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Syllogism
Any deductive argument in which a conclusion is inferred from 2 premises

Categorical Syllogism
Adeductive argument of 3 propositions that together contain 3 terms, each of which occurs in 2 of the constituent propositions

Standard Form Categorical Syllogism
 A categorical Syllogism in which the premises and conclusions are all starndard form categoricalpropositions (A,E,I,O)
 They are arranged with the major premise first, minor premise second, and the conclusion last

Major term/Major premise
 The term that occurs as the predicate of the conclusion.
 The major premise is the premise that contains the major term.
**The predicate term of the conclusion**

Minor term/Minor premise
 term the occurs as the subject of the conclusion.
 The minor premise is the premise that contains the minor term
**Subject term of the conclusion**

Middle Term
The term that occurs in both premises, but never in the conclusion.

Identify the major, minor, and middle terms and premises of the following proposition
No heroes are cowards.
Some soldiers are cowards.
Therefore some soldiers are not heroes.
 Major term Heroes
 Minor term Soldiers
 Middle term Cowards
 Major premise No heroes are cowards
 Minor premise Some soldiers are cowards

Mood of a syllogism
One of the 64 three letter characterizations of categorical syllogisms determined by the forms of the standard form propositions it contains
In the given example, the major premise was an E, the minor premise an I, and the conclusion an O. EIO mood.

Figure
the logical shape of a syllogism, determined by the position of the middle term in its premises; there are 4 possible figures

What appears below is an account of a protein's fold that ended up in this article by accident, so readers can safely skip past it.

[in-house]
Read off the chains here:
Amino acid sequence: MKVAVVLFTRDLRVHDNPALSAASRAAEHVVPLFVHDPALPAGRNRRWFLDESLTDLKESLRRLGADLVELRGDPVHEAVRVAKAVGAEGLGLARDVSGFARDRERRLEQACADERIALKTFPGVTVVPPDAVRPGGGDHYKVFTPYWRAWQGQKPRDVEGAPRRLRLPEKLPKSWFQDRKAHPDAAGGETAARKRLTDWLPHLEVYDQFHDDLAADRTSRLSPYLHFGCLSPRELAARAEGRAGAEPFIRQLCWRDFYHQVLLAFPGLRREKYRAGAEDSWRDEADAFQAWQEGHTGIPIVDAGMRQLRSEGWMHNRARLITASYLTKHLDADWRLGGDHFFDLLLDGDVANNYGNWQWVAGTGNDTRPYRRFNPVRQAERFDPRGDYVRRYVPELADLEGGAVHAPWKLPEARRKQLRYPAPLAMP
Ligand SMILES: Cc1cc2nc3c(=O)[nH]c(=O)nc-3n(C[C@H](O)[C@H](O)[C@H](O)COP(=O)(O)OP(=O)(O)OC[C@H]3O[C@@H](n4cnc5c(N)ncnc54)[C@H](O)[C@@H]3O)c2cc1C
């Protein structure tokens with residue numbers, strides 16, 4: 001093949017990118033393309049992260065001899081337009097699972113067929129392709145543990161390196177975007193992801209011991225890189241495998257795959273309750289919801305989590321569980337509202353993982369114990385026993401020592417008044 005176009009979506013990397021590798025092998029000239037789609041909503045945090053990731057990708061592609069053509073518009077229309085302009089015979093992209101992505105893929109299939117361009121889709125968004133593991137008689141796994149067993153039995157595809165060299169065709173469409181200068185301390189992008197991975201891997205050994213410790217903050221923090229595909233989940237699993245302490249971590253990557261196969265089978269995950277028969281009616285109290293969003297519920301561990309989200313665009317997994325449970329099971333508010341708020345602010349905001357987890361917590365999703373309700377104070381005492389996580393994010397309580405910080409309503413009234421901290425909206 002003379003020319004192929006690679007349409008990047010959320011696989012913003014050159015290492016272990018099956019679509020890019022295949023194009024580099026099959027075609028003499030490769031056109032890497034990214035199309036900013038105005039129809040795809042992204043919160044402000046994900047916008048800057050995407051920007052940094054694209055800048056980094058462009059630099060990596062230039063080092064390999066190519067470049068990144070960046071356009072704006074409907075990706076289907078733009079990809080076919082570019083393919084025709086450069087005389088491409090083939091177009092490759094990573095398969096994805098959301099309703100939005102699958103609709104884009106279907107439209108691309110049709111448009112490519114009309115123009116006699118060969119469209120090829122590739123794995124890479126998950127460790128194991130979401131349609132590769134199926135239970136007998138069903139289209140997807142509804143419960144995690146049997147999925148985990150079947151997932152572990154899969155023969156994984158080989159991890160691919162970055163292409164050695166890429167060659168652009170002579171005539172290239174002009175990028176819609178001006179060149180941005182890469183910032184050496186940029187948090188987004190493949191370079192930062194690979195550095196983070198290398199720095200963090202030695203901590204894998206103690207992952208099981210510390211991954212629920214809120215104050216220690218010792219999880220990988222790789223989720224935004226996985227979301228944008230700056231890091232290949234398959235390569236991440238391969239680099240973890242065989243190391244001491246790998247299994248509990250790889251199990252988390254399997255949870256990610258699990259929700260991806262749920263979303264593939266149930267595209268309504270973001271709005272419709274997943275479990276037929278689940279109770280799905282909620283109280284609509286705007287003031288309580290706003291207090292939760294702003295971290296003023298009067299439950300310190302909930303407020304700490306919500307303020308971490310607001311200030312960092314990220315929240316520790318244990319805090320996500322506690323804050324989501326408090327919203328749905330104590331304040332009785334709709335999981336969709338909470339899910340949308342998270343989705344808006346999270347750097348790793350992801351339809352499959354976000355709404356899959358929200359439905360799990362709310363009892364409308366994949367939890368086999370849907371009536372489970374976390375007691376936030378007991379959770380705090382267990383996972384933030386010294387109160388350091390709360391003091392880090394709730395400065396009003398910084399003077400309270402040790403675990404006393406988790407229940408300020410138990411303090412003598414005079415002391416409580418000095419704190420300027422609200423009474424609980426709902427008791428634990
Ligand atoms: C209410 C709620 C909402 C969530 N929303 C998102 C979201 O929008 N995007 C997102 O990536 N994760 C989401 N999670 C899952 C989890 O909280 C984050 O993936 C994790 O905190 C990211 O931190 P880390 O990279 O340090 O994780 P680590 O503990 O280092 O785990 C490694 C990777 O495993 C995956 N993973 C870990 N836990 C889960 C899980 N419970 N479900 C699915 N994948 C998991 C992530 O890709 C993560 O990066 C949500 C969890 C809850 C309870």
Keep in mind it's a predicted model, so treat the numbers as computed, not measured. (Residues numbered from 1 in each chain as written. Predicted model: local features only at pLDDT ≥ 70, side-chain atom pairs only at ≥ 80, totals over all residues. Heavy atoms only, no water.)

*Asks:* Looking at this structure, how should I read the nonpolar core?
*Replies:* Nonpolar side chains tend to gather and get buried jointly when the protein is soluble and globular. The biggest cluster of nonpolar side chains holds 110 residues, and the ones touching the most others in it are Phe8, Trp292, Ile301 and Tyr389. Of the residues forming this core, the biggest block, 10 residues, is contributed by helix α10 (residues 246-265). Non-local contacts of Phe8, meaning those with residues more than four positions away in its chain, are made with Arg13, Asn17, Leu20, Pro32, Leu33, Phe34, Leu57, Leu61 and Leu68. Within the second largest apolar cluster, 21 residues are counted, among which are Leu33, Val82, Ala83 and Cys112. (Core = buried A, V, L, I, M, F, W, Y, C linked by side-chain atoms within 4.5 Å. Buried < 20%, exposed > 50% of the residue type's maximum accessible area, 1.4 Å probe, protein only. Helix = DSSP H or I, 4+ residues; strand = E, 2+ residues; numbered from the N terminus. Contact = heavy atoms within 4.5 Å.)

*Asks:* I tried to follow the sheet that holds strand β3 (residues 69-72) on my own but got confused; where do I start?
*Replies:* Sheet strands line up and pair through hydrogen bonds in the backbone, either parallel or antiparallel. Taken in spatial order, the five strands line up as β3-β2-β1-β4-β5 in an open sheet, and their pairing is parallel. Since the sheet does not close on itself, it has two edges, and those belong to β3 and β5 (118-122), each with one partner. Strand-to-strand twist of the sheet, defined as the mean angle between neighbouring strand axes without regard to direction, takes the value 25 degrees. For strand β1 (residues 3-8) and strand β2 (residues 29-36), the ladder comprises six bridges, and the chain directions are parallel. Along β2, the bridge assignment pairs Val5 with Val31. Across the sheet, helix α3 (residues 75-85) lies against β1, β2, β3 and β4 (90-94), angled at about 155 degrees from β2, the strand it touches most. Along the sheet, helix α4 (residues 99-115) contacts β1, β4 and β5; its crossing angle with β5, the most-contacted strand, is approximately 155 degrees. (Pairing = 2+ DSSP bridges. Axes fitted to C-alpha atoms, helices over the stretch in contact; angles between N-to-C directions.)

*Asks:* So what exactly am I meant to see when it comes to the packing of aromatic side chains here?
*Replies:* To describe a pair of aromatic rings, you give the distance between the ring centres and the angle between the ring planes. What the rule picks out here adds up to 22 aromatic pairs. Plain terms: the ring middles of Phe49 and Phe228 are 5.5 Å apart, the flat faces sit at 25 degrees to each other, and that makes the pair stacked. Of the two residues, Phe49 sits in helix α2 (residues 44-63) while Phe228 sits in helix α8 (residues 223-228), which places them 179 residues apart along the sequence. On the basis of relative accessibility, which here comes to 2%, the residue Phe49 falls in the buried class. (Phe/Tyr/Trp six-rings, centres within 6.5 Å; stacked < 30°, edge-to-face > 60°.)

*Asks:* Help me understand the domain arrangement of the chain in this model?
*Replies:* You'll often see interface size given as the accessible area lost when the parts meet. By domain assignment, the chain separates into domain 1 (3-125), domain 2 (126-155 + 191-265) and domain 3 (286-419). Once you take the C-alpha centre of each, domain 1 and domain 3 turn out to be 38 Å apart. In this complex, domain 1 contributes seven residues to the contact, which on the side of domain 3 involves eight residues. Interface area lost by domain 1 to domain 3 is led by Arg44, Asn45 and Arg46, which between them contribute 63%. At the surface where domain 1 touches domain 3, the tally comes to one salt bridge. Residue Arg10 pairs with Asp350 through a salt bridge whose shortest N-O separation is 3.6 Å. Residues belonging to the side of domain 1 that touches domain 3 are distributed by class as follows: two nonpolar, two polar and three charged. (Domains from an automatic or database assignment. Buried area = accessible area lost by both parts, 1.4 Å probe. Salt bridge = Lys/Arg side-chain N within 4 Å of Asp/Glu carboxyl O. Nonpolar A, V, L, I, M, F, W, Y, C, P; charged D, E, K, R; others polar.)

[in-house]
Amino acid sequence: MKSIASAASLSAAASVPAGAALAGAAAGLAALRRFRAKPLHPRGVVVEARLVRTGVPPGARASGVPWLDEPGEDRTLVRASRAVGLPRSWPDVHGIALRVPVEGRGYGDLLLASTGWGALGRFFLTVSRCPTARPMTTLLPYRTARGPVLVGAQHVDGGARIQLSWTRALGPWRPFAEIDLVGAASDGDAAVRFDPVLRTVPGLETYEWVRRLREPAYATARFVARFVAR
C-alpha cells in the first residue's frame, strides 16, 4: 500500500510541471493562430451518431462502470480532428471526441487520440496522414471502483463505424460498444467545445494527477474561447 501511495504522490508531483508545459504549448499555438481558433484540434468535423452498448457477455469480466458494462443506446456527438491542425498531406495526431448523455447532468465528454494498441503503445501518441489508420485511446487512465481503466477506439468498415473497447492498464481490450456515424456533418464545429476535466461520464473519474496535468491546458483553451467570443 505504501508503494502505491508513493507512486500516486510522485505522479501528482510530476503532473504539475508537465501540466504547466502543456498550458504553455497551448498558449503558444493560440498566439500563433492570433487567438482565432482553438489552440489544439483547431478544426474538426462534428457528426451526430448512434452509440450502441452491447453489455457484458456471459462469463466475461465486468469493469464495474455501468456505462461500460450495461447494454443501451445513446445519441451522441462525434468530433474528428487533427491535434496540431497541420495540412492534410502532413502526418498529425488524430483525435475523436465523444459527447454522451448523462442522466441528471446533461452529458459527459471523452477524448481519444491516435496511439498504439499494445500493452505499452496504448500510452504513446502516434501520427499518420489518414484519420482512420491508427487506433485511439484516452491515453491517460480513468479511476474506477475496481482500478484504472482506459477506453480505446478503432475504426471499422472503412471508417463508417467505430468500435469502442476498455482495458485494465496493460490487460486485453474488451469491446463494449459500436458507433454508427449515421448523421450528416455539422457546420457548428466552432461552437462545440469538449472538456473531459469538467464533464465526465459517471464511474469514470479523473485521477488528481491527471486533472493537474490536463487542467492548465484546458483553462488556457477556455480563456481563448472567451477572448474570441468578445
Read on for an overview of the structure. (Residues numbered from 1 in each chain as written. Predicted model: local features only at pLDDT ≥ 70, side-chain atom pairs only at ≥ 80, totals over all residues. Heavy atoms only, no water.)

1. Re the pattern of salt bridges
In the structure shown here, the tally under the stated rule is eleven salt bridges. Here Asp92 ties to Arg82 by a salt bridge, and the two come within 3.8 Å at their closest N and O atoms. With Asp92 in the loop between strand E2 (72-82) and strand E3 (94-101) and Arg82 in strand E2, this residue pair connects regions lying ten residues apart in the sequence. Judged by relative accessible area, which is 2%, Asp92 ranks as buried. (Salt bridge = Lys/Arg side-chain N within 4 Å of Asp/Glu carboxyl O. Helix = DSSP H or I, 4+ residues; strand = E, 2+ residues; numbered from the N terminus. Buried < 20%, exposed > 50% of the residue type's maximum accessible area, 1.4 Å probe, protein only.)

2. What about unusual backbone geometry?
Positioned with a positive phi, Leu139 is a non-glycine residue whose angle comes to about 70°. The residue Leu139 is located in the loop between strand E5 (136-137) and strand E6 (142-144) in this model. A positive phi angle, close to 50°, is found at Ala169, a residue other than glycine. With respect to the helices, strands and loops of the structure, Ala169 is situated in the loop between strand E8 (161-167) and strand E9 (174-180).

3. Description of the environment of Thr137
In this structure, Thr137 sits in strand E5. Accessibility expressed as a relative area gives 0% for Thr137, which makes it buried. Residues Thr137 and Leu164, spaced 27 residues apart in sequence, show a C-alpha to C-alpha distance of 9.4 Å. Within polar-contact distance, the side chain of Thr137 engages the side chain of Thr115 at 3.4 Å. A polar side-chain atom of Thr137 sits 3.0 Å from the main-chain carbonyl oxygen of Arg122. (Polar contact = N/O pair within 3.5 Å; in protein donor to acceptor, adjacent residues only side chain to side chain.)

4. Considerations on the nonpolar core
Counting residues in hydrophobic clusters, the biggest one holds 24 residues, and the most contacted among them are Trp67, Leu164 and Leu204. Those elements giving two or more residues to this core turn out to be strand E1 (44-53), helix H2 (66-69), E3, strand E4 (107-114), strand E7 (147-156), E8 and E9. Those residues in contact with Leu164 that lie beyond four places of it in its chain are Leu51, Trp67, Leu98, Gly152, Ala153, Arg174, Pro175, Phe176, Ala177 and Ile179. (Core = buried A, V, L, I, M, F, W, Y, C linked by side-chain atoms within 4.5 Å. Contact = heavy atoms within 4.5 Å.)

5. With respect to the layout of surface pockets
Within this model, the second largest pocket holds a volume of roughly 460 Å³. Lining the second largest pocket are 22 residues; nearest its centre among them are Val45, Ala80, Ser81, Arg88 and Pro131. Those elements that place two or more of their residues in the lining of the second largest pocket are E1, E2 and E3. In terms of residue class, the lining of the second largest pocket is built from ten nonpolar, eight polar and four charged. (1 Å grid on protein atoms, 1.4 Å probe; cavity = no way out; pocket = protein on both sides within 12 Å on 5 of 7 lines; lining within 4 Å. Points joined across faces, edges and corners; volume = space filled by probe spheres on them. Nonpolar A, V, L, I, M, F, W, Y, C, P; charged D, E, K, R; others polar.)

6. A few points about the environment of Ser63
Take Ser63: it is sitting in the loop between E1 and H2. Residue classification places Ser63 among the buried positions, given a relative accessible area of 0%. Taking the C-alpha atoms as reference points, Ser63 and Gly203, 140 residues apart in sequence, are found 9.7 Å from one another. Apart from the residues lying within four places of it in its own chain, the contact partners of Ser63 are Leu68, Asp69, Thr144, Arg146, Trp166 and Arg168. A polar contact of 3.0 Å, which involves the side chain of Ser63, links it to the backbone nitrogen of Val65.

Syllogisms can have 4 possible different figures;
 1. The middle term may be the subject term of the major premise and the predicate term of the minor premise
 2. The middle term may be the predicate term of both premises
 3. The middle term may be the subject term of both premises
 4. The middle term may be the predicate term of the major premise and the subject term of the minor premise

MP
SM
SP
First figure

PM
SM
SP
Second figure

MP
MS
SP
Third figure

PM
MS
SP
Fourth figure

If the middle term is in the subject place in both premises then the figure is
third figure

If the middle term is in the predicate position in both of the premises then the figure is
PM
SM
SP
second figure

Therefore;
conclusion indicator




In consequence
conclusion




For this reason
Conclusion


For these reasons
Conclusion

It follows that
conclusion

I conclude that
conclusion

Which shows that
conclusion

Which means that
Conclusion

Which entails that
Conclusion

Which implies that
Conclusion

Which allows us to infer that
Conclusion

Which points to the conclusion that
Conclusion










The reason is that
premise

For the reason that
premise

May be inferred from
premise

May be derived from
premise

May be deduced from
premise

In view of the fact that
premise

If the X lands on the line;
then it is invalid

Rules in diagraming Venn Diagrams
 1. Always diagram universal first
 2. If in diagraming particular (I,O) you have more than one region that you think the X should go, put the X on the line between the two regions

Fallacy of Four Terms
A formal mistake in which a categorical syllogism contains more than three terms

Syllogistic Rules and Fallacies
 1. Avoid 4 terms
 2. Distribute the middle term in atleast 1 premise
 3. Any term distributed in the con. must be distributed in the premises
 4. Avoid 2 negative premises
 5. If either premise is negative the con. must be negative
 6. From 2 universal premises noparticular con. me be drawn

Fallacies that stem from the syllogistic rules
 1. Four terms
 2. Undistributed middle
 3. Illicit Major/Minor
 4. Exclusive premises
 5. Drawing an affirmitive conclusion
 6. Existential fallacy

What is the fallacy?
Some M are P
Some S are not M
Some S are not P
Illicit major

What is the fallacy?
Some M are not P
All M are S
No S are P
Illicit minor

What is the fallacy?
No P are M
Some S are not P
Some S are not P
 The fallacy of exclusive premises
 two negative premises

What is the fallacy?
All P are M
All M are S
Some S are P
Existential fallacy

What is the Fallacy?
Some P are not M
All S are M
All S are P
Fallacy of drawing an affirmative conclusion